Aeronaut Automation

Automated Cutting Systems & Software

Patterning Inflatable Products

There doesn't appear to be any industry specific software for designing and patterning inflatables. (If you know of any, please let us know!)

Several different approches are taken to patterning these products.Designers we have spoken to use a wide range of software, some designing entirely in 2D and others in 3D and 2D. Software includes Rhino, TouchCAD, AutoCAD and Vectorworks.Frequently patterns need small adjustmentsusing experience to give the desired end result.

When designing inflatable animals, a useful technique can be to get a child's soft toy, cut it up along the seam lines and then scan the patterns with a camera or just a desktop scanner. Then the digital scans can be auto-traced in software, imported into CAD software and scaled up to the right size for the finished job.

Most 3D software can be used to create inflatables, but the key feature is flattening. Programs such as TouchCAD have flattening and seam allowances built-in but for other software such as Vectorworks, you can flatten shapes but you need to add seam allowances yourself. (Aeronaut has developed plug-in seam allowance tools for Vectorworks.)

Bouncy Castle

Once you understand thebasictechniques, designing something like this bouncy castle, done in Vectorworks, is comparatively easy. The shape of the ends of the horizontal tubes which form the walls is quite complex, partly because they intersect a conical tower. However, it's only a few seconds for 3D CAD software to work this out when flattening these patterns.

The same ideas can be used with bouncy castles, water slides and RIB tubes. A series of tubes are generated, rotated to the right angles in 3D space, sliced up at their intersections and flattened to produce patterns which accurately represent the shape of the tube.

Intersecting Tube Patterns

Most flattening quite quick and simple to do although it is easy to lose track of patterns if you are not careful. Colouring parts in different colours can help. In the picture below, the patterns have been colour coded before flattening so their unfolded shapes can be identified. In this case, the lower three tubes are symmetrical so only one side has been developed. To get the full set of patterns, the symmetrical parts are duplicated before nesting and cutting.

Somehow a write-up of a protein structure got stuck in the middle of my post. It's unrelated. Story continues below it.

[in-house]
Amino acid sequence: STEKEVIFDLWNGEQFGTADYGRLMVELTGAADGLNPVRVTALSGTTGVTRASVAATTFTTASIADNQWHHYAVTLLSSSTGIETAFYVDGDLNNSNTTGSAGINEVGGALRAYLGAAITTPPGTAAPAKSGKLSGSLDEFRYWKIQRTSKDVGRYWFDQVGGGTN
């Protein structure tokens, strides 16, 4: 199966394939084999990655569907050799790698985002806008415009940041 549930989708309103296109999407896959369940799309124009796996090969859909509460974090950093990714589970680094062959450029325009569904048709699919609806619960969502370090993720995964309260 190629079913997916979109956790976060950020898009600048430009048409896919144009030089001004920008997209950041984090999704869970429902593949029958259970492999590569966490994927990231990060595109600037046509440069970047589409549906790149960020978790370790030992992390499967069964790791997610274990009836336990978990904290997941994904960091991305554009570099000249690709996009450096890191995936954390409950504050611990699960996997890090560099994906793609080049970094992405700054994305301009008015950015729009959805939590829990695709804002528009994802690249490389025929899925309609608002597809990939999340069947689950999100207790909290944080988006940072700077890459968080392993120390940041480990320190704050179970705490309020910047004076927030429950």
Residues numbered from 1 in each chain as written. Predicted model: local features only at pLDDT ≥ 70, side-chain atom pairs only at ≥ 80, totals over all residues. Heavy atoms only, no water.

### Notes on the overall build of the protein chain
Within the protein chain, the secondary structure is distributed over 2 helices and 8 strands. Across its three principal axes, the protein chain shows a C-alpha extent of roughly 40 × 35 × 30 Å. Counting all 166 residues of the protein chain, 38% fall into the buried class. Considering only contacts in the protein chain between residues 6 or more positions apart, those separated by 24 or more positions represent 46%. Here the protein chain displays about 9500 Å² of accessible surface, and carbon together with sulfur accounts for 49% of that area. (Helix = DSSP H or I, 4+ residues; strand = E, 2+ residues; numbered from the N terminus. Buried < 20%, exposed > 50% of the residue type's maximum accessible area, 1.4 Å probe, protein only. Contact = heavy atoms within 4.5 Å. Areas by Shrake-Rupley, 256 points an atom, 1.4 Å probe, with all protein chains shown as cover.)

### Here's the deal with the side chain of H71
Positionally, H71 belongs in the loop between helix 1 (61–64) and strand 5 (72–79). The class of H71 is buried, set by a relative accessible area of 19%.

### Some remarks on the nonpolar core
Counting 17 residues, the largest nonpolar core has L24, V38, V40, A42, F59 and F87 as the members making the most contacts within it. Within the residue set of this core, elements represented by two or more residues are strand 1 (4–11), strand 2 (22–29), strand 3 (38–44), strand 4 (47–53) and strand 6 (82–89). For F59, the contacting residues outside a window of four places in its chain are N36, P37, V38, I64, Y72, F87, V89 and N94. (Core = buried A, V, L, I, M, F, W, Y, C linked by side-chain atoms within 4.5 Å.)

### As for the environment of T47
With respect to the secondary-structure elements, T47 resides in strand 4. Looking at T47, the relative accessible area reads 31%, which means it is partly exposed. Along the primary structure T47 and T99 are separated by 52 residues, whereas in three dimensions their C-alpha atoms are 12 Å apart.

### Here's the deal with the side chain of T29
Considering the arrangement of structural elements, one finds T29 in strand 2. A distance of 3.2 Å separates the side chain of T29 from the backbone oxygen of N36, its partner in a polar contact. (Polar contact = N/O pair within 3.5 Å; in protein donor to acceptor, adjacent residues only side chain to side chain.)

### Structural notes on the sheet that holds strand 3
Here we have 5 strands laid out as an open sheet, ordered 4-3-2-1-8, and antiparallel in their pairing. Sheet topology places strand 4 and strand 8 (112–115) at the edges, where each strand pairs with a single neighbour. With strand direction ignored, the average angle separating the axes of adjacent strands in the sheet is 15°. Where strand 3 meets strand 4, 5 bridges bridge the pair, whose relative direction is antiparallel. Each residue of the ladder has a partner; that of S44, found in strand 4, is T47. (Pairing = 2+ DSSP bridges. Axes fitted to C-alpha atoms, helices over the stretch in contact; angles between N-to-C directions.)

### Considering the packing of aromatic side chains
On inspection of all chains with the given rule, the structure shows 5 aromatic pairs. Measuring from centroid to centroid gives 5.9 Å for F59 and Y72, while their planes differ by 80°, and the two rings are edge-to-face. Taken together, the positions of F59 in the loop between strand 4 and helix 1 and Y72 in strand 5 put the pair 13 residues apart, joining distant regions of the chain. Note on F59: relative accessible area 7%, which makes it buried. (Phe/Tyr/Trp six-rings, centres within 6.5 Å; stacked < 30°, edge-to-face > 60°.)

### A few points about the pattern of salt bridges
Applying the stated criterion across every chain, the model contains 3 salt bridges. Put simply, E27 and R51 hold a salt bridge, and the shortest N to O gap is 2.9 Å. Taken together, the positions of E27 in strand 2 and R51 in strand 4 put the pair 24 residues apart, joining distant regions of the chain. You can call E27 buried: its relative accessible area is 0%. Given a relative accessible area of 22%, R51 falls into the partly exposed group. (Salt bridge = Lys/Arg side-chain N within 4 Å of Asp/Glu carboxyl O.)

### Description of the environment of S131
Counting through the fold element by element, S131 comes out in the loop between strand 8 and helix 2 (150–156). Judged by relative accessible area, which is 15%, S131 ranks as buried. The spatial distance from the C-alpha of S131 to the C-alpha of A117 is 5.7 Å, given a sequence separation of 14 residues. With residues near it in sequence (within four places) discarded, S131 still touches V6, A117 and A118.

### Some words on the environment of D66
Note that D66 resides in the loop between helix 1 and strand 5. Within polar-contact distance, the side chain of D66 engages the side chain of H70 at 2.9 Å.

Colour coding patterns

Aeronaut has a series of technical notes on designing different types of inflatables. If you would like to see these,please contact us and we'll email you the PDF files.

Promotional shapes such as this inflatable Coke bottle from Canvasland in New Zealand can be good money earners and they are easy to do in programs like Vectorworks and TouchCAD.

Canvasland Coke Bottle

Software such as Optitex may be used to design 2D patterns, and using Runways very accurate 3D simulation, patterns are joined and inflated in the computer. The designer can then adjust the patterns and re-inflate until the desired result is obtained. The drawback with this approach is speed. This type of 3D rendering and simulation uses a lot of computer power and things can get really slow with a complex model.

Optitex Inflatable

Some designers work in 2D all the time, preferring the simplicity of 2D software, and making adjustments to pattern shapes to compensate for the effects of inflation based on their experience.

Other designers prefer to work the traditional way, and fabricate the entire structure by hand, digitising the patterns into the computer when the structure us correct.

Incept Marine NZ. Is there any immediate cause for alarm?

With marine hull and other inflatable products, especially for the factory just starting with automated cutting, one of the main problems is getting existing patterns digitised ready for cutting. On the other hand, once patterns are in the system, they can be copied, edited and backed up to a safe place a lot more easily than solid patterns, so the process is a very worthwhile investment.

Aeronaut automated cutters can be used in conjunction with the joystick and a bulls eye laser pointer, to manually digitise patterns. Patterns are placed on the vacuum table, and the machine jogged over the pattern using the laser pointer to capture points one by one. This is a moderately quick and accurate method of working.

Incept NZ Alaska

The Proliner tool can be used to digitise existing patterns. Many patterns are made of thick cardboard, MDF or plywood. The Proliner has a special tip designed to trace these types of patterns. The diameter of this tip can be compensated for in the Proliner software leading to very accurate and quickly digitised patterns.

Proliner pattern digitising probe

Alternatively, a digital camera and a program such as Aeronauts Silhouette can be used to digitise patterns. More than one pattern can be digised at once. Silhouette traces the digital photographs with a high level of accuracy in a very short time, typically less that 15 seconds.

Once all the principal patterns are digitised into the cutting system, the patterning hardware can be used for a host of patterning operations involved in marine fabrication.